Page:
Union rights

What is a union?

Employment Relations Act 2000, ss 13, 18, 236

A union is an association of employees that exists to protect and improve its members’ conditions of work, and to generally represent their interests.
The role of a union includes:

  • representing its members on any issues that involve the members’ collective employment interests, and
  • negotiating collective employment agreements, and
  • representing members in relation to their individual rights as an employee, if the member has authorised the union to do this, and
  • giving advice and assistance on the rights and obligations of employers and employees, and
  • representing its members if they have a dispute or legal claim (“personal grievance”).

Joining a union

Employment Relations Act 2000, ss 7–11, 110

As an employee you have the right to:

  • join a union, and
  • decide which particular union you should join (out of those unions that cover the type of work you do), and
  • not join a union, or resign from a union.

Your boss can’t pressure you into not joining a union, use threats or incentives to make you quit the union, or treat you unfairly because you’re a union member.

Your boss can’t pressure you into not joining a union, use threats or incentives to make you quit the union, or treat you unfairly because you’re a union member.

What the union can do

Employment Relations Act 2000, ss 18, 18A, 20, 20A

Unions are entitled to represent their members on any issues that involve their collective interests as workers.

A union member in your workplace will be chosen by members to represent them – this person is called your union delegate. Your union delegate is entitled to a reasonable amount of paid time to do the things necessary to represent the union members.

Union organisers are people who work for the union and spend time at different workplaces representing the union members there. Organisers and other union representatives are entitled to come into the workplace on union business.

If there’s already a collective agreement between the employer and the union for that workplace, or bargaining for a collective agreement is underway, the organiser doesn’t need to ask permission to come into the workplace. In other cases, the union has to ask the employer’s permission, but the employer can’t unreasonably refuse.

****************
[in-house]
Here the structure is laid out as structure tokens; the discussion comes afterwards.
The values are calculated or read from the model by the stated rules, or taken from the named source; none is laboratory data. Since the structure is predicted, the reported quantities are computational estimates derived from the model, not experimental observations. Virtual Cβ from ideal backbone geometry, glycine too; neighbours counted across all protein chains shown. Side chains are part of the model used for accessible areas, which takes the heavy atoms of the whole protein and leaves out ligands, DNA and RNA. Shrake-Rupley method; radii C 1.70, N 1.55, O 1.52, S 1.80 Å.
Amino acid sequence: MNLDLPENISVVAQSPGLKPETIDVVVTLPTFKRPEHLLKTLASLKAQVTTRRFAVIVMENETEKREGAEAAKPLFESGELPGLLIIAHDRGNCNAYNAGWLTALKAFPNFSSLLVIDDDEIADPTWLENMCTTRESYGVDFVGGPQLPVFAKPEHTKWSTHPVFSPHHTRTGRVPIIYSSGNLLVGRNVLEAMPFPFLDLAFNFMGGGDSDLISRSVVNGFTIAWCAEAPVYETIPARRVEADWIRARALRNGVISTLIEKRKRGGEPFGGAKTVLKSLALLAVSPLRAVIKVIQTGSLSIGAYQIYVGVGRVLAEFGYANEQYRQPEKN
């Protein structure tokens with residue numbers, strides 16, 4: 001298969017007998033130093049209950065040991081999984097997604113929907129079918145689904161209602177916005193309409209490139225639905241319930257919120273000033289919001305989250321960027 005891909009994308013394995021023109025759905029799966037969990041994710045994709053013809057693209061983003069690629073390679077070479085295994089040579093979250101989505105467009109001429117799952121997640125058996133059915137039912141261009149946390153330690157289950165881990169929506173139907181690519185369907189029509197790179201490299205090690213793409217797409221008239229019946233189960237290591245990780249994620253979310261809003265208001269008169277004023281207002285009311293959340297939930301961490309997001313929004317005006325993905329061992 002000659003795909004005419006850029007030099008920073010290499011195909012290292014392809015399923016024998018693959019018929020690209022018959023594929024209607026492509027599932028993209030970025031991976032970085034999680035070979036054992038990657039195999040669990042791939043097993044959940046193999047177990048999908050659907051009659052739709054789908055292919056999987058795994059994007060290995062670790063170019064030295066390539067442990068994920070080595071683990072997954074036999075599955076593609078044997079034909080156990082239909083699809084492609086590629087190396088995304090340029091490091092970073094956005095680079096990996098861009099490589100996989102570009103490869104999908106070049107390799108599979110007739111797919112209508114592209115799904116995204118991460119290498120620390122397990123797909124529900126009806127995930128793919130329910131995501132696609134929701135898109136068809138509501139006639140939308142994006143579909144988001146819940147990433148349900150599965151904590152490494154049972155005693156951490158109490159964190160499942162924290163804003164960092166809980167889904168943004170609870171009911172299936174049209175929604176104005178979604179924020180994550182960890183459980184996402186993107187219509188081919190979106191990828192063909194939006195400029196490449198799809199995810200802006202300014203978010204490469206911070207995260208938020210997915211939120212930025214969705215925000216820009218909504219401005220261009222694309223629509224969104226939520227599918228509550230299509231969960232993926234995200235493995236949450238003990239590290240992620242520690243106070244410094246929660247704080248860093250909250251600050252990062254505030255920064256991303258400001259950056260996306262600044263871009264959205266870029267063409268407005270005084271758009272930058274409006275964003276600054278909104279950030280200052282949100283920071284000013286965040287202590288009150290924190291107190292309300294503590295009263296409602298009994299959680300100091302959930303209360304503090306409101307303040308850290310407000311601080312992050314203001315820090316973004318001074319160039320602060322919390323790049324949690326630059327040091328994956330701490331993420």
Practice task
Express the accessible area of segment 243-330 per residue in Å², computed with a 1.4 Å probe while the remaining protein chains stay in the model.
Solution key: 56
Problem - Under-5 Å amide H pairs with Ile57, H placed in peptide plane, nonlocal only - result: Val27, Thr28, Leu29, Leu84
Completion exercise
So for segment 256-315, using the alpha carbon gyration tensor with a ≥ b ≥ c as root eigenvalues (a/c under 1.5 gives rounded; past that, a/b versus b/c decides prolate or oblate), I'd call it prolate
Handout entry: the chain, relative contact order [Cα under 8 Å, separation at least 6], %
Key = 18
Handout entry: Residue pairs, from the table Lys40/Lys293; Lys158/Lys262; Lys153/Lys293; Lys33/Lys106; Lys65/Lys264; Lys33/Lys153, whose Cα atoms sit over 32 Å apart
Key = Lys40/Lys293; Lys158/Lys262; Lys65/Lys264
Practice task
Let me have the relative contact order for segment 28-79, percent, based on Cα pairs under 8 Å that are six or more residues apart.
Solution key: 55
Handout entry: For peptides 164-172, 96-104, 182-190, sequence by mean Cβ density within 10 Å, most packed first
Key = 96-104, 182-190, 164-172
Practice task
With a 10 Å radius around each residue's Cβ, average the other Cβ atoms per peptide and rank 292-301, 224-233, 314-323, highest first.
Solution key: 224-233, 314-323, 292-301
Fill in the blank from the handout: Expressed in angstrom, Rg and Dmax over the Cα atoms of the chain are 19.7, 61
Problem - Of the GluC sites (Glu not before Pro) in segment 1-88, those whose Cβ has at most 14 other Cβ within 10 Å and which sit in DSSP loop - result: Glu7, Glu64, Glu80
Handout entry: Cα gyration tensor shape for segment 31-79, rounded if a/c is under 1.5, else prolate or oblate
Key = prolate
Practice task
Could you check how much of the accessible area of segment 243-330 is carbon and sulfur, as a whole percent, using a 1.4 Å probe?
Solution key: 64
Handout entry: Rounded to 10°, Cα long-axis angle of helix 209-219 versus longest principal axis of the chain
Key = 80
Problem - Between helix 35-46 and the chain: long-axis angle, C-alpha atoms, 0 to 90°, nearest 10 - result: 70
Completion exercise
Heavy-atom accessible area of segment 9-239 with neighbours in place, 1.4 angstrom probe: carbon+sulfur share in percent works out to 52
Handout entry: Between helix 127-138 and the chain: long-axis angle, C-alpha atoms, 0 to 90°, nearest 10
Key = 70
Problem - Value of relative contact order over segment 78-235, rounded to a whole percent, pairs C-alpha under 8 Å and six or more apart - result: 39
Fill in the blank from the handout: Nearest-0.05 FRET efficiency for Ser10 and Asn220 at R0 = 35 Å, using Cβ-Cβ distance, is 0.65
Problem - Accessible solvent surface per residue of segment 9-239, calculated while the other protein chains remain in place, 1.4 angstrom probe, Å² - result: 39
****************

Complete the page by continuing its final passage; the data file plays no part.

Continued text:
The different reasons for which the union can come into the workplace include, for example:

  • to bargain for a collective agreement
  • to deal with health and safety issues (including for non-union members who ask the union to represent them)
  • to check that the employer is following a collective agreement
  • to check that the employer is doing what they’re supposed to under the law (the Holidays Act for example)
  • to deal with issues under a union member’s individual employment agreement
  • to recruit workers to the union, including giving them information about the union
  • to deal with union business.

Union meetings

Employment Relations Act 2000, s 26

Union members are allowed to attend at least two union meetings each year, for up to two hours for each meeting, on full pay.

Did this answer your question?

Starting and leaving a job

Where to go for more support

Community Law

Your local Community Law Centre can provide you with free initial legal advice.

Find your local Community Law Centre online: www.communitylaw.org.nz/our-law-centres

Ministry of Business, Innovation & Employment

The Employment website of the Ministry of Business, Innovation & Employment publishes a range of information on employment relations and minimum rights at work.

Website: www.employment.govt.nz
Phone: 0800 20 90 20
Starting a job: www.employment.govt.nz/starting-employment/
Leaving a job: www.employment.govt.nz/ending-employment/

Te Kauae Kaimahi/
New Zealand Council of Trade Unions

Te Kauae Kaimahi is the umbrella body for affiliated unions covering every job and industry in New Zealand. It can provide information about which union may cover the type of work you do.

Website: www.union.org.nz
Email: info@nzpc.org.nz
Phone: (04) 385 1334

New Zealand Prostitutes Collective

The New Zealand Prostitutes Collective is a nationwide organisation run by sex workers for sex workers. They provide information and services for people who are doing sex work or thinking about doing sex work.

Website: www.nzpc.org.nz
Email: info@nzpc.org.nz
Phone: 04 382 8791
Instagram: www.instagram.com/_nzpc/

Union Network of Migrants (UNEMIG)

UNEMIG or Union Network of Migrants is an association of migrant workers within FIRST Union.

Website: www.unemig.org.nz
Email: unemig@firstunion.org.nz 
Phone: 0800 863 477

Migrant Workers Association

The Migrant Workers Association NZ fights for migrant workers’ rights and against injustice and exploitation in the workplace.

Website: migrantworkers.org.nz
Email: help@migrantworkers.org.nz
Phone: 0800 863 477
Facebook: www.facebook.com/migrantworkersassociationaotearoa/

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